Zombies are immortal, in a way—barring the swift and gory destruction of a zombie’s brain, it will continue its inexorable search for human flesh, shambling interminably along until it literally falls apart. Zombies and TV’s foremost zombie drama, The Walking Dead, apparently have that in common.
A new report from Bloomberg has detailed AMC’s plans to keep its flagship show alive beyond its current cable run—plans that are said to include “multiple movies and new TV shows” that “collectively could cost several hundred million dollars,” keeping The Walking Dead on its feet for another decade.
At least one of AMC’s potential spinoff shows is expected to be set outside of the U.S., and the network is considering partnering with a media company or streaming service on their future Walking Dead titles, though Bloomberg stresses that those plans are “still being worked out.” Scott Gimple is overseeing the narrative elements of AMC’s expansion effort, while network president Charlie Collier is handling the business side.
While many feel that The Walking Dead—set to return for its ninth season (star Andrew Lincoln’s last) on Sunday, Oct. 7—is still running in high gear, others would argue that the zombie-apocalypse drama has long since taken on the reek of a reanimated corpse. Regardless, its expansion shouldn’t have much trouble finding an audience: The Walking Dead remains one of the most-watched shows on TV, though its ratings have been in steady decline since 2015, when it peaked at 19 million nightly viewers—nowadays, that average is down to 11 million, still a stellar number in the crowded Thunderdome that is TV today.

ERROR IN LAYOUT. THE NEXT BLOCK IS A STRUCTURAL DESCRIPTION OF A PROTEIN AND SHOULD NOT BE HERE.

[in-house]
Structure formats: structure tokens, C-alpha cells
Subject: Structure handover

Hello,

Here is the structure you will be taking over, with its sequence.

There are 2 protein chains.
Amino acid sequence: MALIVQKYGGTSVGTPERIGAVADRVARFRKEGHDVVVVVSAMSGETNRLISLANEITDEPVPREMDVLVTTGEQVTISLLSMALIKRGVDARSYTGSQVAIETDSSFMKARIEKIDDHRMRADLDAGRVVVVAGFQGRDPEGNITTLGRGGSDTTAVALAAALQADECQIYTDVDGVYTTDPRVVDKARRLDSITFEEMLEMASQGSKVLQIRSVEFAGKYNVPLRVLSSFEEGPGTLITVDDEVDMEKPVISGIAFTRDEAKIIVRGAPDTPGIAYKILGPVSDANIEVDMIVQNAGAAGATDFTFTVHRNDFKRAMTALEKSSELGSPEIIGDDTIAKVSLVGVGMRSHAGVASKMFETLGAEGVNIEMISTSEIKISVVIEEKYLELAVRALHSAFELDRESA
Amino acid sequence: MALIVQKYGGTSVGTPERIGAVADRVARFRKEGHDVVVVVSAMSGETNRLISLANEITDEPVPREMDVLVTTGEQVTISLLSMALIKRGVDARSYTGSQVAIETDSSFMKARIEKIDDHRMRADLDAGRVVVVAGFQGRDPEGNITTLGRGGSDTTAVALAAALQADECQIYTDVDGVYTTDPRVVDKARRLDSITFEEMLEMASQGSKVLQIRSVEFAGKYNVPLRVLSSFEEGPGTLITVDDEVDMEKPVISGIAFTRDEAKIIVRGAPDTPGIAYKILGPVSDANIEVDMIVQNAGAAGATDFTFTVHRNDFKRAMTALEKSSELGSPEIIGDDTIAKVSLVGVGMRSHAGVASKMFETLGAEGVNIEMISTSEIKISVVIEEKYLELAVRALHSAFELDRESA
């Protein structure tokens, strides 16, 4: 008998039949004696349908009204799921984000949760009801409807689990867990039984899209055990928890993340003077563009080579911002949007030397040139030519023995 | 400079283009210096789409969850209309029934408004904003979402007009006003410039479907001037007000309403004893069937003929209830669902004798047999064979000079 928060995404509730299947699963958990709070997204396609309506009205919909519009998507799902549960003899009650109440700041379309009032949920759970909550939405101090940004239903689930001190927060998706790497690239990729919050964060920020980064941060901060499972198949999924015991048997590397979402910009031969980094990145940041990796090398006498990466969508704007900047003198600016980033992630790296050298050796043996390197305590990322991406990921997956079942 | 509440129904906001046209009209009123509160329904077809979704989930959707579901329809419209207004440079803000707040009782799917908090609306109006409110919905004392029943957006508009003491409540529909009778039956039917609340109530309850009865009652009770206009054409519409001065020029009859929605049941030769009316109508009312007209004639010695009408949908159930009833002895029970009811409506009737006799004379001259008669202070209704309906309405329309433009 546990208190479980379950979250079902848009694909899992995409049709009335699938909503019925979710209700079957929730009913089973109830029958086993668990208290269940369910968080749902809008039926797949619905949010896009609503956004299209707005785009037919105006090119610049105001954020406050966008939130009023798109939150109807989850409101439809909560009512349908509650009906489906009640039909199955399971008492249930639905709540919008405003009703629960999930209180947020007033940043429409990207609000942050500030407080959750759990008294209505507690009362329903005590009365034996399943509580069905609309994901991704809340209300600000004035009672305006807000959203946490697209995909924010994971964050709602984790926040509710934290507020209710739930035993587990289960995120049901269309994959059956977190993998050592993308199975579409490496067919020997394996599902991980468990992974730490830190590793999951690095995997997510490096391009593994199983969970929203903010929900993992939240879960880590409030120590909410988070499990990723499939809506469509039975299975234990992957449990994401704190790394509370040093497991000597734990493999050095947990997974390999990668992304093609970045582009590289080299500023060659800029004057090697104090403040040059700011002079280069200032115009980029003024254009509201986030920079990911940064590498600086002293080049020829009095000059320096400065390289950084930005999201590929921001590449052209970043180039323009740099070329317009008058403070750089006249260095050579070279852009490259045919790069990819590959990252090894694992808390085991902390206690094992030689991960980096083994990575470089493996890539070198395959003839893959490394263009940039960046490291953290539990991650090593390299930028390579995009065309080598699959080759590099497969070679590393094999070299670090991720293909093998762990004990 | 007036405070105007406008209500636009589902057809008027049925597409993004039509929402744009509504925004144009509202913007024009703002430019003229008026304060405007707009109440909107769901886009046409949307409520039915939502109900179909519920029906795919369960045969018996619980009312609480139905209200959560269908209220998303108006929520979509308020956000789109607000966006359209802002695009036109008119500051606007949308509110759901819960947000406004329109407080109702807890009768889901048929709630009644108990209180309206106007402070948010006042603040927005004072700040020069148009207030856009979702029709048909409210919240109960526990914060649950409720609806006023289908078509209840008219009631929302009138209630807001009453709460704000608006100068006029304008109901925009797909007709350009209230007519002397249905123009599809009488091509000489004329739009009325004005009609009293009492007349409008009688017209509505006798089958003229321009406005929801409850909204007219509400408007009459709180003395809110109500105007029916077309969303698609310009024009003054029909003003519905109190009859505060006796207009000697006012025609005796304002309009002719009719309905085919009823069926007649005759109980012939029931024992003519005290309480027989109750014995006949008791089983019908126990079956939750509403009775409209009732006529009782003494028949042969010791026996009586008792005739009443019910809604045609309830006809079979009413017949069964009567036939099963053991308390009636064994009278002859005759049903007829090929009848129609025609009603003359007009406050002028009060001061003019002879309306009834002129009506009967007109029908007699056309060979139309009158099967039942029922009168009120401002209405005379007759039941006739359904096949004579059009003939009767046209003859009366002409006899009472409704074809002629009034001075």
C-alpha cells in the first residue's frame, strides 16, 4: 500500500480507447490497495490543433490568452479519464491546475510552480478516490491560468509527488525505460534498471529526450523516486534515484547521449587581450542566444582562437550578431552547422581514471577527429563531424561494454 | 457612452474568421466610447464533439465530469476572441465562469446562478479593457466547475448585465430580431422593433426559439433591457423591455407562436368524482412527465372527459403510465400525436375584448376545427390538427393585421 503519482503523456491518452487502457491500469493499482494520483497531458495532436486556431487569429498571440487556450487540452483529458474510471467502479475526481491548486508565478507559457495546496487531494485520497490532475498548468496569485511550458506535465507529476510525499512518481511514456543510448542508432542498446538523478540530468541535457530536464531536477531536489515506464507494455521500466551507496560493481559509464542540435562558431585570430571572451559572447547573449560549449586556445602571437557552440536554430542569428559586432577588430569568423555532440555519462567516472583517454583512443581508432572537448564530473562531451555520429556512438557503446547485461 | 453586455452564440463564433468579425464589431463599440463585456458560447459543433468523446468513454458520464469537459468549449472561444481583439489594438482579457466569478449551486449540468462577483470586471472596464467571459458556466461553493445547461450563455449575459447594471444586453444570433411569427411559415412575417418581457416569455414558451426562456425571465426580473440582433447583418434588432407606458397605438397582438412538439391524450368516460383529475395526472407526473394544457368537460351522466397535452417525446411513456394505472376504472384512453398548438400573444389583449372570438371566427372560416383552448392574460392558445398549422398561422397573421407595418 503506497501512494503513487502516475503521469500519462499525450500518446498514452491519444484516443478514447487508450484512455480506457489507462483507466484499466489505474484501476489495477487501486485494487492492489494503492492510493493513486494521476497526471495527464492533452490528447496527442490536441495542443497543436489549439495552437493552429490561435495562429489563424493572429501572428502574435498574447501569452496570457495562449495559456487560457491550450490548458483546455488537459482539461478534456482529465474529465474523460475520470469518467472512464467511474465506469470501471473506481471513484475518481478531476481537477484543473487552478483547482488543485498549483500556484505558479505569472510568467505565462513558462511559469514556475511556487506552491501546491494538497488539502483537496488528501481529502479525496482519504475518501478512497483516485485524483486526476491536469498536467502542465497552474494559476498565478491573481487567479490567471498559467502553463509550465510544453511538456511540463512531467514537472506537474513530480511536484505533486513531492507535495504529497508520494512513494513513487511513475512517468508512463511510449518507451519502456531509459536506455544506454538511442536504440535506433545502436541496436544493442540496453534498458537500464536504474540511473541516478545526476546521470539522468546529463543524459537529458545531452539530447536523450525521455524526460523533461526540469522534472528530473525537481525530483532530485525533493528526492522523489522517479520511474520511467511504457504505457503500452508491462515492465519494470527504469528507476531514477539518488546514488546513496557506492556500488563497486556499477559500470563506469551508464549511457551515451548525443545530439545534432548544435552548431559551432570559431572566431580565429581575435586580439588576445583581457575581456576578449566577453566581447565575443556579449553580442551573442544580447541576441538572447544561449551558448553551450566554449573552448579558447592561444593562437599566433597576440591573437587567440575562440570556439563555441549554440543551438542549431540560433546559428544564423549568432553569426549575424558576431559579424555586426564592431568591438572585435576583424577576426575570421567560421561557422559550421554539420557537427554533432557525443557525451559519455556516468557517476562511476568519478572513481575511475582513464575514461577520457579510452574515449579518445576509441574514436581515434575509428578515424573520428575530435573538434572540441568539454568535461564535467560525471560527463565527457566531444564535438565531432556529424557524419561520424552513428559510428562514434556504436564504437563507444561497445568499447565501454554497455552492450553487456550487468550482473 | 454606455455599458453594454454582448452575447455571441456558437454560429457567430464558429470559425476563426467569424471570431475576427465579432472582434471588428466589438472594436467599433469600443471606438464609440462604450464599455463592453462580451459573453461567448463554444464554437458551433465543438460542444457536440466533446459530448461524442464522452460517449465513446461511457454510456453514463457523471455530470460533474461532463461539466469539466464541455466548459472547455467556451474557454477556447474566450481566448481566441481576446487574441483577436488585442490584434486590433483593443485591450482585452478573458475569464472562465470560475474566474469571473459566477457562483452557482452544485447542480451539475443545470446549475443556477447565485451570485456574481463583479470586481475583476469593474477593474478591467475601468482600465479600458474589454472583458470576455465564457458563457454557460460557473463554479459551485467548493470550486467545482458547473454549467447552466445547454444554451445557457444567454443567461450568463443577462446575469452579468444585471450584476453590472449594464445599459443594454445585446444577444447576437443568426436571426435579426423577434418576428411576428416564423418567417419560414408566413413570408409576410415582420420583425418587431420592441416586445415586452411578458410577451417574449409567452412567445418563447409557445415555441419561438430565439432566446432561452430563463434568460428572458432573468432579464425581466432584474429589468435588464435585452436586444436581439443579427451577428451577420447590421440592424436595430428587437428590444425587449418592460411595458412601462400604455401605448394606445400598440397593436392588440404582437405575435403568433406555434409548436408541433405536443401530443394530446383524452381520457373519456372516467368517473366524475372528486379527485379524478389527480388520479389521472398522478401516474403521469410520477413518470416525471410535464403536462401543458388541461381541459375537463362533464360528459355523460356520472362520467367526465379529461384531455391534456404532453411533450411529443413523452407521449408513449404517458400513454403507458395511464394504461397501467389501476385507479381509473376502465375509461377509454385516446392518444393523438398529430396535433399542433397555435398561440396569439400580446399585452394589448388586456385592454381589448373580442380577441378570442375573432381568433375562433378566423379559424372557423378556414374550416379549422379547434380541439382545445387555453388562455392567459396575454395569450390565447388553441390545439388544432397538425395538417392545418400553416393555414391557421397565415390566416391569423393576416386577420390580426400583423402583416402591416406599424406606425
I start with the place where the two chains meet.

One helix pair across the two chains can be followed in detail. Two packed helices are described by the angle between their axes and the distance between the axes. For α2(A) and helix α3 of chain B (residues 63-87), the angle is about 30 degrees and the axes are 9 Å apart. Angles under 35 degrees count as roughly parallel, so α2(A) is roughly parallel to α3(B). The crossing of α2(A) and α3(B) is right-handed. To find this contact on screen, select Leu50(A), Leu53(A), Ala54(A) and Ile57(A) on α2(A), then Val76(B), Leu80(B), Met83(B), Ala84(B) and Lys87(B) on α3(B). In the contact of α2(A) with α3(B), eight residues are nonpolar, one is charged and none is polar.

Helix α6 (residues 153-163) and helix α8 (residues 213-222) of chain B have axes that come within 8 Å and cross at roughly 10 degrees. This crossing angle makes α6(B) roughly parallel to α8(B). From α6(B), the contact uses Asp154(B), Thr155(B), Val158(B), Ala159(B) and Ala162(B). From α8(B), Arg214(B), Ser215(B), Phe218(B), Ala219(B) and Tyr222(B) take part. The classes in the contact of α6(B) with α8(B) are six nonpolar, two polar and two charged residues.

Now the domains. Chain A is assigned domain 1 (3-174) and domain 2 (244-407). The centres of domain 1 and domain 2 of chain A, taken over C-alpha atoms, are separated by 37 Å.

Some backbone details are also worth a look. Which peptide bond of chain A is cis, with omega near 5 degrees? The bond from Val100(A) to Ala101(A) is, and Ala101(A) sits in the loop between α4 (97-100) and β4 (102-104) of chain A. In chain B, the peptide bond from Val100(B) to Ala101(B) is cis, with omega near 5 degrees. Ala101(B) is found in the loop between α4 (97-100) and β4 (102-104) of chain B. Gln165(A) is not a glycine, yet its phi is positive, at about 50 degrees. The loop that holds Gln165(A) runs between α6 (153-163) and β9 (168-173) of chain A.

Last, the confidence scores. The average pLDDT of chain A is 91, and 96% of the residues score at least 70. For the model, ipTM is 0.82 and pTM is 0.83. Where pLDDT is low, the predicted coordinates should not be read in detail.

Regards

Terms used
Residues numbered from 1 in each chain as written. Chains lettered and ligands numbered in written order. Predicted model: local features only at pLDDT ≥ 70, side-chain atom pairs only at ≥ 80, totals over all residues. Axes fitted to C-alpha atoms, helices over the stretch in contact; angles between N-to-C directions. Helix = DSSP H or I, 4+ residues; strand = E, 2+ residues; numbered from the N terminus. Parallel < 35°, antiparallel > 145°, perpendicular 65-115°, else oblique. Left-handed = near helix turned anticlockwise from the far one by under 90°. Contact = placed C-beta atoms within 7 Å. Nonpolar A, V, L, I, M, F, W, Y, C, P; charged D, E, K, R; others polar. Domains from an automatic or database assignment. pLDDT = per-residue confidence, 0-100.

It’s plain to see why AMC wants to emulate the approach of a company like Marvel, whose stories have served as the connective tissue of a shared universe that transcends medium. But it’s fair to ask whether The Walking Dead’s expansion will be a search for brains worth following. Zombies may be immortal, but are they alive?